University of Utah Youth Theatre
Editor’s note: Part two of a three-part series on theater for young audiences.
Will attending a performance of “Lilly’s Purple Plastic Purse” boost your child’s academic abilities?
No one would argue the importance of literacy or math skills, but study after study has shown that consistent participation in theater and the arts greatly improves academic performance and significantly raises standardized test scores.
The American Alliance for Theatre & Education used data collected by the College Entrance Examination Board to determine that students involved in drama coursework outscored non-arts students on the SAT by an average of 65 points in the verbal component and 34 points in the math component. And the group further determined that drama helps to improve school attendance and reduce high school dropout rates.
The Creative Advocacy Network has reported data that indicate involvement in the arts is linked to higher academic performance and increased standardized test scores.
In recognition of March 20’s World Day of Theatre for Children and Young People, sponsored by the International Association of Theatre for Children and Young People and its U.S. affiliate, we asked local theater professionals for their insights on how children benefit academically from theater.
The participants include John D. Newman, Utah Valley University Noorda Theatre Center for Children and Youth director; Ryan Radebaugh, Hale Center Theater Orem theater school director; Kate Rufener, Grand Theatre's Grand Youth coordinator; Penelope Marantz Caywood, University of Utah Youth Theatre artistic director; Teresa Dayley Love, Brigham Young University Theatre for Young Audiences director/writer/producer; and Clin Eaton, Hale Centre Theatre West Valley youth theater instructor.
John D. Newman: Participation in theater and drama improves attendance; increases reading, language and comprehension skills; builds self-esteem; and closes the achievement gap for students of lower socio-economic status. Participation in theater enhances social awareness, pragmatic appropriateness, problem-solving skills and the ability to work and communicate with others. Students with autism spectrum disorders who participate in drama and theater learn critical social skills in a safe and structured environment.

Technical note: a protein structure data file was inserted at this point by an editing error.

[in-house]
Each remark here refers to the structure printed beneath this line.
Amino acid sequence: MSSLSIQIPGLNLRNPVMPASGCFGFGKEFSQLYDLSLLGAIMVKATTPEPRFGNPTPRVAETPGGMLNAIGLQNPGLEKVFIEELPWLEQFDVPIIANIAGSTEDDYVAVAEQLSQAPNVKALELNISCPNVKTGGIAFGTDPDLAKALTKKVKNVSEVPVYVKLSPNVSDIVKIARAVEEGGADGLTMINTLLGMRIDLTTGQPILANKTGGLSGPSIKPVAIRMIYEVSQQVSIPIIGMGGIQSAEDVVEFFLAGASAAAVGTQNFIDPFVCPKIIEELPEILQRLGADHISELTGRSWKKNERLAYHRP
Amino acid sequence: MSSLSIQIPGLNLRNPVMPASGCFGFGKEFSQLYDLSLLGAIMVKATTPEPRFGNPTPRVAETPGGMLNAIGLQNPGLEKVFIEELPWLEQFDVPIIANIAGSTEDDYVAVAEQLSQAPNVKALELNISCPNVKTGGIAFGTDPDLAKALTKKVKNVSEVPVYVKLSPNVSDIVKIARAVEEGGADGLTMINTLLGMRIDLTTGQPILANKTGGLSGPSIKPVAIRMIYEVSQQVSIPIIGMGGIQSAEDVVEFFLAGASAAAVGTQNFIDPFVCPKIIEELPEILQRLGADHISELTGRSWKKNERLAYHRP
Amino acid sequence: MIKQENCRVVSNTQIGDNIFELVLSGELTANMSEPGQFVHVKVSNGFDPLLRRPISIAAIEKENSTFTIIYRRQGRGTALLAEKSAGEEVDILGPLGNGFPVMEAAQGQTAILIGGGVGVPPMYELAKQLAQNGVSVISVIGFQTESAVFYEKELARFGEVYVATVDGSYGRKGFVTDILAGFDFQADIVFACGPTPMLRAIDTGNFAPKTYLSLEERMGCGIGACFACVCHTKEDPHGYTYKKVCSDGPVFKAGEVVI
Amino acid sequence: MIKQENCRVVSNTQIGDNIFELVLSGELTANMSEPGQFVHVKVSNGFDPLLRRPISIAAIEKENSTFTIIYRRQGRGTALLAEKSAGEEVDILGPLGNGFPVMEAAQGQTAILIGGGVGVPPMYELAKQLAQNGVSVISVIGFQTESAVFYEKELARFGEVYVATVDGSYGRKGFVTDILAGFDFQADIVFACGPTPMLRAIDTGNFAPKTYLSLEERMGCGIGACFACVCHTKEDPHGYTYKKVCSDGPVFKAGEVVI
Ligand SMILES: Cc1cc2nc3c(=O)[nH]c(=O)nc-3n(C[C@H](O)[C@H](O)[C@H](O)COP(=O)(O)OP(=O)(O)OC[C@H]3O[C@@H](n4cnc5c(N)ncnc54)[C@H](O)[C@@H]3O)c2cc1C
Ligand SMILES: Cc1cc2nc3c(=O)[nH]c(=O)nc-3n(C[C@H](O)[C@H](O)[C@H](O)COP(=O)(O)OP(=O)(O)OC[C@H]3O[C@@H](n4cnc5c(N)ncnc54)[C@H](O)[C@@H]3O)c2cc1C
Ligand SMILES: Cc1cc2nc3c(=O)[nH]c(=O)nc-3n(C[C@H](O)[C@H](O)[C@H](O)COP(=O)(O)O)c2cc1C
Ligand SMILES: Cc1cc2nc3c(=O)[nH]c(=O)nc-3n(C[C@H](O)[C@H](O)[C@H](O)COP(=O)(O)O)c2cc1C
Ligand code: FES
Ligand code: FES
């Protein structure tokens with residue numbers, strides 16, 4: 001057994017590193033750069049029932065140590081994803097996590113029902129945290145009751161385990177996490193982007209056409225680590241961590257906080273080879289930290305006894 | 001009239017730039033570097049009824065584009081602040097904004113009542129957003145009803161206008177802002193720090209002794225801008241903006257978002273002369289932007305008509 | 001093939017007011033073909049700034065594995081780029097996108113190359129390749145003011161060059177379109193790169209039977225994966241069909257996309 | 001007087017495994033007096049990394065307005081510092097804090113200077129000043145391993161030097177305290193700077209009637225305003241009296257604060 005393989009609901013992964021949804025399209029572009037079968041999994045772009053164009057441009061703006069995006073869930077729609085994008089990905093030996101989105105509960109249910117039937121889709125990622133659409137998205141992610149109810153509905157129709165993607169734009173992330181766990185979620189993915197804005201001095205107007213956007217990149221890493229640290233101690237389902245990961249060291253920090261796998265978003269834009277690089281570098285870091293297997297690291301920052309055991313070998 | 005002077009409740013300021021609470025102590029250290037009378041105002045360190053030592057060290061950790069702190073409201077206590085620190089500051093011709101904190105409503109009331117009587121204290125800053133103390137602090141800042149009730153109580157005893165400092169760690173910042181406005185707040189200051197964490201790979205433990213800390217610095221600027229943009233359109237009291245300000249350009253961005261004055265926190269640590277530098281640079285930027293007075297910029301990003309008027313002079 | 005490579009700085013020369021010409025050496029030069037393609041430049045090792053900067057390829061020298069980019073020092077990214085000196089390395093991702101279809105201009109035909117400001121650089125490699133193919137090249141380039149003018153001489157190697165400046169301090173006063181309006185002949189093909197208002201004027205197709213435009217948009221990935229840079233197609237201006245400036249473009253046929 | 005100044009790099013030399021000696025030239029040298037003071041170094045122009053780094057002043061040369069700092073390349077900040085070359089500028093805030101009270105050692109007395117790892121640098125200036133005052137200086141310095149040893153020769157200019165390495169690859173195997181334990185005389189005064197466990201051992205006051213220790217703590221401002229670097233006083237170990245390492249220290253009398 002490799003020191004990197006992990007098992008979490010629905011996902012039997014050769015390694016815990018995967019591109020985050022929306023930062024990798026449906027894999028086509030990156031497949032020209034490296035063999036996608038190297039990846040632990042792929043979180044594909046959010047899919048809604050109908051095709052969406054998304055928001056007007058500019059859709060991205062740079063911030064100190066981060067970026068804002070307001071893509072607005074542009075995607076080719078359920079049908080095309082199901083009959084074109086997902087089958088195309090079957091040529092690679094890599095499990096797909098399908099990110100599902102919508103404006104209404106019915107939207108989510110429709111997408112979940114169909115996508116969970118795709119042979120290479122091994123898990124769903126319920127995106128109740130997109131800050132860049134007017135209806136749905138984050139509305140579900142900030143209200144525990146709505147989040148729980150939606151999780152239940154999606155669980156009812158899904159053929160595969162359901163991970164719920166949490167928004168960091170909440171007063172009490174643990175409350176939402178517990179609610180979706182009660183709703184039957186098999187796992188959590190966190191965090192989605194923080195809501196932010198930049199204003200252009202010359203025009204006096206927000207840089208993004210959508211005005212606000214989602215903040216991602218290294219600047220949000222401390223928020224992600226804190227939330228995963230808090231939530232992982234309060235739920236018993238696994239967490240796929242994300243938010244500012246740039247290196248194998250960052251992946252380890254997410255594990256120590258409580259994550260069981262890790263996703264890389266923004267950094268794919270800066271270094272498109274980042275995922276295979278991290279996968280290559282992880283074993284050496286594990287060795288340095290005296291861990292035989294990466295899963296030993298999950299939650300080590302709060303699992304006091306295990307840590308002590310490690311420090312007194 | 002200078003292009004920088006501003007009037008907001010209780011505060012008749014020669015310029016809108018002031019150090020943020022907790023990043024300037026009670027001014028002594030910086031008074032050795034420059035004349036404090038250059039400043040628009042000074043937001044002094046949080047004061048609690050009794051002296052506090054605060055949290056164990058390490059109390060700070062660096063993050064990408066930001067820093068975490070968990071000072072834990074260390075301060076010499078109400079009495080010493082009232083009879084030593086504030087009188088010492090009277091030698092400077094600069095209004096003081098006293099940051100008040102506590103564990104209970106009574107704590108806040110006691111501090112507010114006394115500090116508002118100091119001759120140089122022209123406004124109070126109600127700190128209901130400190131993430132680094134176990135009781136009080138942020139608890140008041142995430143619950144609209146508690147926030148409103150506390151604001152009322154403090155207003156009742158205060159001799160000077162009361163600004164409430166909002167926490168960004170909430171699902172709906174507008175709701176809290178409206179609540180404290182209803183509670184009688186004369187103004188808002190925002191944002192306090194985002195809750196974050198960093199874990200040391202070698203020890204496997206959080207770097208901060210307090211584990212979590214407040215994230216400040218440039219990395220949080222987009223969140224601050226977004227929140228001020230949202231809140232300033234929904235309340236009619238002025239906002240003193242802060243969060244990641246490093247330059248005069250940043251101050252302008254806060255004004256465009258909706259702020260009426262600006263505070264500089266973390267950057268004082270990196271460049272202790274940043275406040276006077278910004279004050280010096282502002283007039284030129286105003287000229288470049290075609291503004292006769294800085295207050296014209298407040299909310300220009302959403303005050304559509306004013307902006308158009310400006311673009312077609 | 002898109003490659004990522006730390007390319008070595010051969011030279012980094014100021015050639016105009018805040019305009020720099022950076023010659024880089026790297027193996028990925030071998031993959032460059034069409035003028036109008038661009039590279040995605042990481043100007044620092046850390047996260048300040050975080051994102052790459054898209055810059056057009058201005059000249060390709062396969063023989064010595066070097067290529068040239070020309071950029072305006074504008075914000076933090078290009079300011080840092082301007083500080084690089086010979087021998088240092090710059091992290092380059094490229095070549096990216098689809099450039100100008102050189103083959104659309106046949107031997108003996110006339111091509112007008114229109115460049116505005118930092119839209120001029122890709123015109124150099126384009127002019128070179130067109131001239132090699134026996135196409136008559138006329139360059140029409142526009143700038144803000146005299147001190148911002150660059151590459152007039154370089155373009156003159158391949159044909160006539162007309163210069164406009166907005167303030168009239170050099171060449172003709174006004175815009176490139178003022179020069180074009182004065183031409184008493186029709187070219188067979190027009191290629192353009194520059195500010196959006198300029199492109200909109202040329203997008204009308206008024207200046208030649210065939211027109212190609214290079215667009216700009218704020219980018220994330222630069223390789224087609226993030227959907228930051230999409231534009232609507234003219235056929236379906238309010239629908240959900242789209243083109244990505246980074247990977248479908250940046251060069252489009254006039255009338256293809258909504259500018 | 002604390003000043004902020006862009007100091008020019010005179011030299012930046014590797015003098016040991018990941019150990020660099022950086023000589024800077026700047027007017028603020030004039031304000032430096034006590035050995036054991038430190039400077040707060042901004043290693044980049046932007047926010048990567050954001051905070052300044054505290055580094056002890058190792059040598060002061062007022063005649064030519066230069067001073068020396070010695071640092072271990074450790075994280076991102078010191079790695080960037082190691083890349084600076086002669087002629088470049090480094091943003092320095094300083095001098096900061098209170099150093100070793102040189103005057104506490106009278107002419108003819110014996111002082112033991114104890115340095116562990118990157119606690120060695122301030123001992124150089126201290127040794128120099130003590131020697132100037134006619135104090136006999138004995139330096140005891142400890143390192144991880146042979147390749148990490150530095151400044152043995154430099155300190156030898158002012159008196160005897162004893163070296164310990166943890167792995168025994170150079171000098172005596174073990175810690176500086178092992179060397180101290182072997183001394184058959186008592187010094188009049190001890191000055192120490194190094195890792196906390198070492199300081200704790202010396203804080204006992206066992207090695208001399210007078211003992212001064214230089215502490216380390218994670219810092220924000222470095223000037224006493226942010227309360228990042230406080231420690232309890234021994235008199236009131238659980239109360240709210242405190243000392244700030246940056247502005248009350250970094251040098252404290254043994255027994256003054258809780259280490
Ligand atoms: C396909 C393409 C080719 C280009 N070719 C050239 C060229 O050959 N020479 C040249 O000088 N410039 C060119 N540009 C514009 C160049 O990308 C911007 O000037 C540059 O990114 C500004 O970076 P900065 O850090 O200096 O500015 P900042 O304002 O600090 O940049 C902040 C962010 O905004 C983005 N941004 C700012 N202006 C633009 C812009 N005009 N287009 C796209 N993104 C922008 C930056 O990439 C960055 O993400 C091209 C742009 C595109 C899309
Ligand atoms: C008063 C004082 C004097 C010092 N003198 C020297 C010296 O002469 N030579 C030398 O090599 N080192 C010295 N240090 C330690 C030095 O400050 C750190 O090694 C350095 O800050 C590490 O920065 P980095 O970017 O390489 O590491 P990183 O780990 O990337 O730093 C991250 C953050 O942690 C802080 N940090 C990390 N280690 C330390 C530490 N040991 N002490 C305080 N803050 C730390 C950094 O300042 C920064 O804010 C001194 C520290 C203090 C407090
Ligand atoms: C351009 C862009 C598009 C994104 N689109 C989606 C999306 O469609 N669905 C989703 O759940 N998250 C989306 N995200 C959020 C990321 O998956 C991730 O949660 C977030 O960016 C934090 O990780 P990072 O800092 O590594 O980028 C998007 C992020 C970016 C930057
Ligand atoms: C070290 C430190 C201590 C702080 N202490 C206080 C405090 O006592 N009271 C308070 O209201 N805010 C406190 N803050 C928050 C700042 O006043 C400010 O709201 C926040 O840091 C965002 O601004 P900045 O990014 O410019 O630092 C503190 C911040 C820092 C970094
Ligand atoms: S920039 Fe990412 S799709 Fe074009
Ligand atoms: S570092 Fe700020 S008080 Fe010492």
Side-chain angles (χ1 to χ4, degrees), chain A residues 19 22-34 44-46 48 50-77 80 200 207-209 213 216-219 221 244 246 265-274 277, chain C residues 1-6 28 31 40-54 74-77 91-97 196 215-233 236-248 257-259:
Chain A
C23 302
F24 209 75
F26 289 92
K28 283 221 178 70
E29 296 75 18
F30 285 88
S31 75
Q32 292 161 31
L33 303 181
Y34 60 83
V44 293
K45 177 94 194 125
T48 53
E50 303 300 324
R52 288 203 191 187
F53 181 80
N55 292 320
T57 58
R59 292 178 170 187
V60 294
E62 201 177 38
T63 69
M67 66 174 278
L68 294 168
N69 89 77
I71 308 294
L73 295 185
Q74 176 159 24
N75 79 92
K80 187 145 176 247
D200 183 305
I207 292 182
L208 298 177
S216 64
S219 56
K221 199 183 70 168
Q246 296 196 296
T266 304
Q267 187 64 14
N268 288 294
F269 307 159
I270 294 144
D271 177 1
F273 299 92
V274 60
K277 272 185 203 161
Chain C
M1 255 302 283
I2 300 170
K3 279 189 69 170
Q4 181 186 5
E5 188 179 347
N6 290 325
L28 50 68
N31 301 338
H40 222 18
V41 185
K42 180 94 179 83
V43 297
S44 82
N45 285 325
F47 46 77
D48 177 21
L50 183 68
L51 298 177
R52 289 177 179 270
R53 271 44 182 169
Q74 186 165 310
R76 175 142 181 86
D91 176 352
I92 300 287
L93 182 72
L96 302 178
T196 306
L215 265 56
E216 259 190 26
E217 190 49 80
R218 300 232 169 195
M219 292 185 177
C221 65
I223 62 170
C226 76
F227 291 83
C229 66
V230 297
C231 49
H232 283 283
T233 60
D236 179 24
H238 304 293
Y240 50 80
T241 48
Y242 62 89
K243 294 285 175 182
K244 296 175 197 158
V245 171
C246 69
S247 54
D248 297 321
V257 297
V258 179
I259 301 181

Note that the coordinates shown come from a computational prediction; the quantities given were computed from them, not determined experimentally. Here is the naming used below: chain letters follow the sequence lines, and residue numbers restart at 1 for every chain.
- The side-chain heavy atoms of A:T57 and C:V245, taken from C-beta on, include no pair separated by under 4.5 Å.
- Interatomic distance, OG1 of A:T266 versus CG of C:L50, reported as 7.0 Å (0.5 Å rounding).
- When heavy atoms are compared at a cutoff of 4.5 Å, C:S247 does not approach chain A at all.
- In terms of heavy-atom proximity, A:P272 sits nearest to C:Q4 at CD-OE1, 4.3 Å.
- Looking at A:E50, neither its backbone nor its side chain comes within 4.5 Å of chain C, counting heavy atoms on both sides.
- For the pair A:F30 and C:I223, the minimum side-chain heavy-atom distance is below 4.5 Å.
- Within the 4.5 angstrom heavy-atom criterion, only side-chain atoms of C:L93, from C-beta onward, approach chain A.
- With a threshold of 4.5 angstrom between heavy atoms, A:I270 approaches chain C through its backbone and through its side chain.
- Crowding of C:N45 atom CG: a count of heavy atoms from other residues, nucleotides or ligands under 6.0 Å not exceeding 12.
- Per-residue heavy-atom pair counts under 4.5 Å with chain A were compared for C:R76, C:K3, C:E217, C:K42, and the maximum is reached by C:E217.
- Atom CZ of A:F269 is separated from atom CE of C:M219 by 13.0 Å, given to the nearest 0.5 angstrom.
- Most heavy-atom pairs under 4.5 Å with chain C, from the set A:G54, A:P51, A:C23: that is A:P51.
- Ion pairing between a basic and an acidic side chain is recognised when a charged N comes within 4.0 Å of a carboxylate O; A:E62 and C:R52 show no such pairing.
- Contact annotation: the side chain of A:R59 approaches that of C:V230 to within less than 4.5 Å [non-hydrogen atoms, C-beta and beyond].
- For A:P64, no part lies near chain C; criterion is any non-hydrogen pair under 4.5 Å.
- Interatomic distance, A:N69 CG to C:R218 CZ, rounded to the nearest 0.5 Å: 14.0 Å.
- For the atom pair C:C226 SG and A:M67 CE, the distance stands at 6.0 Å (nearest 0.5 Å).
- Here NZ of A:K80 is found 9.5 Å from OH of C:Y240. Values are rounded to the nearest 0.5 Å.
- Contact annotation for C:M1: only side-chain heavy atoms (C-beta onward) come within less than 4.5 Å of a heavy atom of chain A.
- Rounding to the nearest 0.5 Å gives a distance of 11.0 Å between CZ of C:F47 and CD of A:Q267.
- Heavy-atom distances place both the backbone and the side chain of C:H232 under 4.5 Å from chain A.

Ryan Radebaugh: Students have gone through our education department and commented on how it has become easier for them to focus in school and follow through with their growing responsibilities. They memorize historical and mathematical facts with greater ease.
Kate Rufener: Theater explores the attachments and connections between “hard” academic skills and a humanities understanding of those skills. From a strictly academic perspective, theater students learn “hard” skills such as physics, spatial reasoning, planning, interpersonal/leadership skills, creation/design, research skills and a host of hands-on mathematics and science requirements. Beyond the academic requirements so popular in STEM (science, technology, engineering and math) programs, students of theater learn how they fit in the world, how their desires for social changes can be enacted, empathy and the importance of self-expression.
Penelope Marantz Caywood: I have seen measurable outcomes resulting from creating theater with young people. Students improve their communication skills and their capacity to read, write and speak. Theater is a collaborative team sport that involves a lot of problem-solving. Students build positive self-esteem and a motivation to learn. Theater can provide an avenue of achievement for students who might otherwise not be successful in school.
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